Orange and scarlet Crocosmia are at their best in Autumn.
Crocosmia belong to the iris family. It is cosmopolitan family, consisting of approximately 82 genera and 1 700 species. Thirty-eight genera and over half the species occur in South Africa. They are very easy to grow and, ideally, should be left undisturbed to multiply on their own. Transplant corms during winter, when they are dormant, or sow seeds in the warmer months. Crocosmia was previously known as Montbretia.
The genus name is derived from Greek words krokos meaning saffron and osme meaning smell. This is because dried flowers placed in warm water emit a strong smell of saffron. There are nine species in this genus, and seven of them occur in South Africa. Many of this family have been domesticated and they are familiar garden plants around the world, often so ‘improved’ that it is hard to associate them with their beautiful wild ancestors.
Common names: Falling Stars, Valentine flower; umlunge, udwendweni (Zulu)
This season, the bright orange Crocosmia have flowered fabulously, creating spectacular splashes of orange in gardens and on the edges of the forest. They grow in colonies – the corms spreading underground and also seeding profusely. The soft, narrow leaves are sword shaped and wrap around the tall flower stalk which holds the inflorescence high.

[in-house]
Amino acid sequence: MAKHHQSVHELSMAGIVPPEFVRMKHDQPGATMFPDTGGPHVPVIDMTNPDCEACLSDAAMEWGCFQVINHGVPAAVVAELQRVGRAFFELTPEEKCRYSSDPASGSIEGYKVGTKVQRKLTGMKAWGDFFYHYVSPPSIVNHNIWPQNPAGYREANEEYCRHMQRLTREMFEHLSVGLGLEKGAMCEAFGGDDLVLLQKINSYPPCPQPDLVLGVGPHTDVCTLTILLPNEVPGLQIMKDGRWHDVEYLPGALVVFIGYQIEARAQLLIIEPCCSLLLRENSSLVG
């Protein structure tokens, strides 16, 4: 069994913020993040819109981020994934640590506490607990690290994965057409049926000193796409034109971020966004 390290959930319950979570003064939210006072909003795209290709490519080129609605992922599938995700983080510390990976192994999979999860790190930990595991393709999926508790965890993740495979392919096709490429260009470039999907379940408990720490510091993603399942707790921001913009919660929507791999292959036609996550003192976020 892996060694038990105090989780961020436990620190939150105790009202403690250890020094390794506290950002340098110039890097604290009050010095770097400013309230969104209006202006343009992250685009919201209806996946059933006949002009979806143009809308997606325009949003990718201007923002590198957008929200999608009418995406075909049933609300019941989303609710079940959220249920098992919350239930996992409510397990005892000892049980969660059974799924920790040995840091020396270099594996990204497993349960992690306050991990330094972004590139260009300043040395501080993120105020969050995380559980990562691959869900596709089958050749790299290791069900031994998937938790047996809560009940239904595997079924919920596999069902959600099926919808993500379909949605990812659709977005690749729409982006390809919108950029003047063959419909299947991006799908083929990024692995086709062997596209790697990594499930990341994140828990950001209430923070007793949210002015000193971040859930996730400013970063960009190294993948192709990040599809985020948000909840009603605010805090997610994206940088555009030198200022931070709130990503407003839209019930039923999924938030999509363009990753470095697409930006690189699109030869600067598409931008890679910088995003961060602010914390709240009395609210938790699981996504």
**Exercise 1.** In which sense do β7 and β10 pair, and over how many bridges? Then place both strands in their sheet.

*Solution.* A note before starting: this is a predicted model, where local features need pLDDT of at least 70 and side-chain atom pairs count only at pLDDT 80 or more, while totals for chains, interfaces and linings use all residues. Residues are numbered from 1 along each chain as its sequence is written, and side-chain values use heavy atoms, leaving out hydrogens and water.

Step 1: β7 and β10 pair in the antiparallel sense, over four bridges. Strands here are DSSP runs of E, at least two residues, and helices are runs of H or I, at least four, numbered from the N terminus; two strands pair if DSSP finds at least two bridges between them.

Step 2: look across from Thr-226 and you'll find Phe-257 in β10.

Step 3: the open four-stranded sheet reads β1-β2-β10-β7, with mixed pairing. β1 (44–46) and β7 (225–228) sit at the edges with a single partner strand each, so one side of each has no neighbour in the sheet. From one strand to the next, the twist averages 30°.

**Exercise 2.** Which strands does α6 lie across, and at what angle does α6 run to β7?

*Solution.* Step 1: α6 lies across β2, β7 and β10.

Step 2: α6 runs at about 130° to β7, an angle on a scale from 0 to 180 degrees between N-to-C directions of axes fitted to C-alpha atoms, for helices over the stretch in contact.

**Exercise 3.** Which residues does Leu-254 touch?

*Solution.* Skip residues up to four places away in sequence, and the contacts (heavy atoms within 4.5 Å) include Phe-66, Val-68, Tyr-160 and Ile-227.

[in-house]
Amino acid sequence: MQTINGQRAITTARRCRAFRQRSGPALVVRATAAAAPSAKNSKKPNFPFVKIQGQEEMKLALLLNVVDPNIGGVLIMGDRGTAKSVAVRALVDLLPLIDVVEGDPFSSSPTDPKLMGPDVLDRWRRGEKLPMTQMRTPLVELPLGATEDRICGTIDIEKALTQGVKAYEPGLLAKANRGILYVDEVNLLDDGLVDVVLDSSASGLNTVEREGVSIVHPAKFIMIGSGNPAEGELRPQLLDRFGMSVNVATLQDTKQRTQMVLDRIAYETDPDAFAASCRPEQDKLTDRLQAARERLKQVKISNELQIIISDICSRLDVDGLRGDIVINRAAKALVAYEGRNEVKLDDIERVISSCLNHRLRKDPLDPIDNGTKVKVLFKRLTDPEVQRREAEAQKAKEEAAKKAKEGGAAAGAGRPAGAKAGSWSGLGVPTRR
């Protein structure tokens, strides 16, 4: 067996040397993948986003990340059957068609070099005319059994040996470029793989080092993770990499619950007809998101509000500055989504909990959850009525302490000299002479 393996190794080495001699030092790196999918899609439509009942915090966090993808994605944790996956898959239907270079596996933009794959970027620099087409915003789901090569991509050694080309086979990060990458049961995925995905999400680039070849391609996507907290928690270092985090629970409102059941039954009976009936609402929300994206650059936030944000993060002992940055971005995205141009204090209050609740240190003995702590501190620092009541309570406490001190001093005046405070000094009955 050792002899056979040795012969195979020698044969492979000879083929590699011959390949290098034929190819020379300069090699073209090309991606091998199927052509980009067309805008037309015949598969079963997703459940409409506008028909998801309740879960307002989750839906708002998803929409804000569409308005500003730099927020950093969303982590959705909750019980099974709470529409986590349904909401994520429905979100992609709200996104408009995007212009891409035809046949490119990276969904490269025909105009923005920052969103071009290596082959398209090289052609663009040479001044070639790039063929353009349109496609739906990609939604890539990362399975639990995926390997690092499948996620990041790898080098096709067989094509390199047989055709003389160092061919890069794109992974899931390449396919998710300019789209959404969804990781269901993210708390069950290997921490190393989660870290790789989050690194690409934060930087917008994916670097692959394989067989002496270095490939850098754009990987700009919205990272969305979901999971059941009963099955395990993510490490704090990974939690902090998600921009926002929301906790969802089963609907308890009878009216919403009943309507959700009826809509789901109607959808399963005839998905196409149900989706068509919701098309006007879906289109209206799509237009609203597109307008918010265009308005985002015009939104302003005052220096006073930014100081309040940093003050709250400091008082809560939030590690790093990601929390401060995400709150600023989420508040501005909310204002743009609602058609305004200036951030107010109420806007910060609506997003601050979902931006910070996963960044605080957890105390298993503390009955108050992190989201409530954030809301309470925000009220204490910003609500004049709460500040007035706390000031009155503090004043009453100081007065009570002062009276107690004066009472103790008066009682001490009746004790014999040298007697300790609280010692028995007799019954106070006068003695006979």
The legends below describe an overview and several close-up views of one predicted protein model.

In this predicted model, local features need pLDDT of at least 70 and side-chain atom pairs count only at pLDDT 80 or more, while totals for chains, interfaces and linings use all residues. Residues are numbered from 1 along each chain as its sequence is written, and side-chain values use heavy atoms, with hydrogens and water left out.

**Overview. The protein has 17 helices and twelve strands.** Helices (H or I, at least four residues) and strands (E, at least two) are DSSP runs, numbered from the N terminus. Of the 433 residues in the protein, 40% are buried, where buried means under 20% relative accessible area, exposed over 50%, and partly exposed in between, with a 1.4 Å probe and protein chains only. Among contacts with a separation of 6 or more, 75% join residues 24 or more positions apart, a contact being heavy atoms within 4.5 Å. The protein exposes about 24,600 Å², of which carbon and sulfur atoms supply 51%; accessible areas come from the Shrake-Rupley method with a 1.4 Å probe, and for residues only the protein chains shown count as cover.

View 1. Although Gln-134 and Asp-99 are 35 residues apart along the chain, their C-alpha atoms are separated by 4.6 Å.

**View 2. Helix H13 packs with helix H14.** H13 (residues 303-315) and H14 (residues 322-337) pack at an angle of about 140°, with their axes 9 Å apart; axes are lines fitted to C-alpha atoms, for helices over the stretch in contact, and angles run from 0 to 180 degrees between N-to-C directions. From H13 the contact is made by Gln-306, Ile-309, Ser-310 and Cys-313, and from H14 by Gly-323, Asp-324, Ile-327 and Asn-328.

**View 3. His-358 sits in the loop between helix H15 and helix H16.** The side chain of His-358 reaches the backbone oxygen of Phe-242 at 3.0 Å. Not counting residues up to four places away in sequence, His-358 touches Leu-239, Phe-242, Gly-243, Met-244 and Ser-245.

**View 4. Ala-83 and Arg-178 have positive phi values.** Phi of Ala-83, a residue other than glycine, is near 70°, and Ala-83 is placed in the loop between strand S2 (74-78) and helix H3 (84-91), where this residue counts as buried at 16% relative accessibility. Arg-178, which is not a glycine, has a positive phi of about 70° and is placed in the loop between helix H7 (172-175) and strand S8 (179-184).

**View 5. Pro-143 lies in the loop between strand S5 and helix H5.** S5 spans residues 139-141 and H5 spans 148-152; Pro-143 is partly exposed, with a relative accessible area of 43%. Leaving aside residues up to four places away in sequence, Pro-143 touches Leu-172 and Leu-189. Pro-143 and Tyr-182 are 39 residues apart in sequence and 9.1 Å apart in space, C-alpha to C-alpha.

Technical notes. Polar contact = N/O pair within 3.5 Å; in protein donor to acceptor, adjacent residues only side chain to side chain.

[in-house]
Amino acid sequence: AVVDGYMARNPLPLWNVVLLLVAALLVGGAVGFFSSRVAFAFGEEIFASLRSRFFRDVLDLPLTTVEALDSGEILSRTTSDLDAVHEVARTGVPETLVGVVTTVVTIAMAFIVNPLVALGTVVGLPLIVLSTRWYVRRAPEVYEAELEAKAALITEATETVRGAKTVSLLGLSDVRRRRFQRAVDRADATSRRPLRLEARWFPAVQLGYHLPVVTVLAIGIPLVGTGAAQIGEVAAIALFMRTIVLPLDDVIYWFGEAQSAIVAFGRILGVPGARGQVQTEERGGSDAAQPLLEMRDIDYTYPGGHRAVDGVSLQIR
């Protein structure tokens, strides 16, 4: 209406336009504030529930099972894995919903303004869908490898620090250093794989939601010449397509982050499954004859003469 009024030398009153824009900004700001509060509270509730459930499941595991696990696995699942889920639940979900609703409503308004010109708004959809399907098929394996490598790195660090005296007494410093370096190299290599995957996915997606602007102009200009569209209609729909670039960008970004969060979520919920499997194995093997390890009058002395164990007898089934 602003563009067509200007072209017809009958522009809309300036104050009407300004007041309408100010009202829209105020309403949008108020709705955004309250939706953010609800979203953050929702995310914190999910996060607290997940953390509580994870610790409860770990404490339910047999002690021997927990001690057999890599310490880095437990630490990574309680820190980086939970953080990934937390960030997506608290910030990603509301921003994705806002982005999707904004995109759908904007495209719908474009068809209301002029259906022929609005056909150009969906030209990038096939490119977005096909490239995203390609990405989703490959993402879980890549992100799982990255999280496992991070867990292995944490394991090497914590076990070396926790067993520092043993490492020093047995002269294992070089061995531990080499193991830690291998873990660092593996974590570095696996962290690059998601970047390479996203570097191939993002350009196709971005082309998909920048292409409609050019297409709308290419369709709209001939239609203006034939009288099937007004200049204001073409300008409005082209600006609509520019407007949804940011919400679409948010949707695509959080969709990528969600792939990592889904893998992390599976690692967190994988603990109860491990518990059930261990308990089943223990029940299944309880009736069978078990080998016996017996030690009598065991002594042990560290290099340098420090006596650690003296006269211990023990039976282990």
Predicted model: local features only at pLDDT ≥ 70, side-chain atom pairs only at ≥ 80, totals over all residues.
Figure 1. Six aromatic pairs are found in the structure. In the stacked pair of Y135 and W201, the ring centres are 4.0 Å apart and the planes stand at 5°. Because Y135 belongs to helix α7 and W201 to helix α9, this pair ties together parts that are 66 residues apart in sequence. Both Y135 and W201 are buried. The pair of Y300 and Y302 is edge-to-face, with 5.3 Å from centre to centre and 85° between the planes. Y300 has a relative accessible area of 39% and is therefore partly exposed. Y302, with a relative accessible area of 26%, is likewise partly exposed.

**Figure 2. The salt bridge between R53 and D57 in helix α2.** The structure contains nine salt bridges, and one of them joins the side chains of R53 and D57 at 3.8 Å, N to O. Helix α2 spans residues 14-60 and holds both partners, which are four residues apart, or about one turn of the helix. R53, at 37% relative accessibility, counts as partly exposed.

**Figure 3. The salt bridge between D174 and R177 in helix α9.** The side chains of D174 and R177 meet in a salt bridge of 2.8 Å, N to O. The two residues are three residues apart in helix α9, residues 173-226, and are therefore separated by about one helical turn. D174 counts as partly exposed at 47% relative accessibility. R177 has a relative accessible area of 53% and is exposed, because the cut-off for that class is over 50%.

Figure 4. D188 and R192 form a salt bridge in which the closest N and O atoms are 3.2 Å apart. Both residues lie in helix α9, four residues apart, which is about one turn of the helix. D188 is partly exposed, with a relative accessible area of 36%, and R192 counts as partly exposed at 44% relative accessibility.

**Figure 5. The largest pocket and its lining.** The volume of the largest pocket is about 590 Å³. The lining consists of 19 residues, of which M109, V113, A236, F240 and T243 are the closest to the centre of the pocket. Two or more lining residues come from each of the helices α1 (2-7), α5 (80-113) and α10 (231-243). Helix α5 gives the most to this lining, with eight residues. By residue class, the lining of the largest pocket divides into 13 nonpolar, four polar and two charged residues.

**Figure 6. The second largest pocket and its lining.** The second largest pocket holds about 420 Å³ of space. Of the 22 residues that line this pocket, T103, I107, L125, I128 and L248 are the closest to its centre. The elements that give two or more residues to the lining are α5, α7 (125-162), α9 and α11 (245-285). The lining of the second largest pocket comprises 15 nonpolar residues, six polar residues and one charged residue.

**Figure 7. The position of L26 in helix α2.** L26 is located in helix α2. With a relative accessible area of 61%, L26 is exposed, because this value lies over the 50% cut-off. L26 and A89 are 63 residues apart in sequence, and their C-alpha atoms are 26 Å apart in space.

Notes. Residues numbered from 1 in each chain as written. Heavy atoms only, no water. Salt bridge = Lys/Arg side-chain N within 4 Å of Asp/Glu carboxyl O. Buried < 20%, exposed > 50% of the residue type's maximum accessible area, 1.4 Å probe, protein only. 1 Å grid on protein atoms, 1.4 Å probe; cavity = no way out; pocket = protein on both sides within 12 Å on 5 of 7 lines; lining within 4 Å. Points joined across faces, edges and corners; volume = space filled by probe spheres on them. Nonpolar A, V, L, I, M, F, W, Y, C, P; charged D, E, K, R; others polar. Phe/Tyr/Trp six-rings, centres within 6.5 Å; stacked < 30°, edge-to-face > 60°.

The flowers are almost luminous in gentle light, each one about 4cm in diameter with three stamens, opening in succession up the stem. They certainly brighten up shady parts of the garden. The seed capsules are very attractive too – a leathery dark orange capsule filled with shiny black seeds (much loved by birds). Both the flowers and seed heads are lovely in a flower arrangement.
Common names: Falling stars; Vallendesterritjies; khalal-ea-bokone, moloke (S Sotho); udwendweni, umlunge (Zulu).
In the Midlands of KZN clumps 1m to 2m high are found in moist grassland or stream banks. The arching zig zag inflorescence bears beautiful dark orange-red tubular flowers above pleated sword shaped leaves. Once flowering is over, the shiny purplish black seeds held in a leathery orange capsule are just as attractive.
A rewarding fast growing garden plant, it does well in damp sunshine or partial shade, forming large clumps if left undisturbed. It self seeds readily but is easiest to grow from corms planted in rich soil in early Spring. It is dormant in winter.
Birds eat the seeds while the corms are a favourite of bushpigs. The corms are also used in traditional medicine to treat dysentry and infertility. Crocosmia paniculata are in flower at the moment along the R103
Common names: Slender Crocosmia; udwendweni, umlunge (Zulu)
Usually found on stream banks in late summer. The leaves are blue-green and the flowers are red.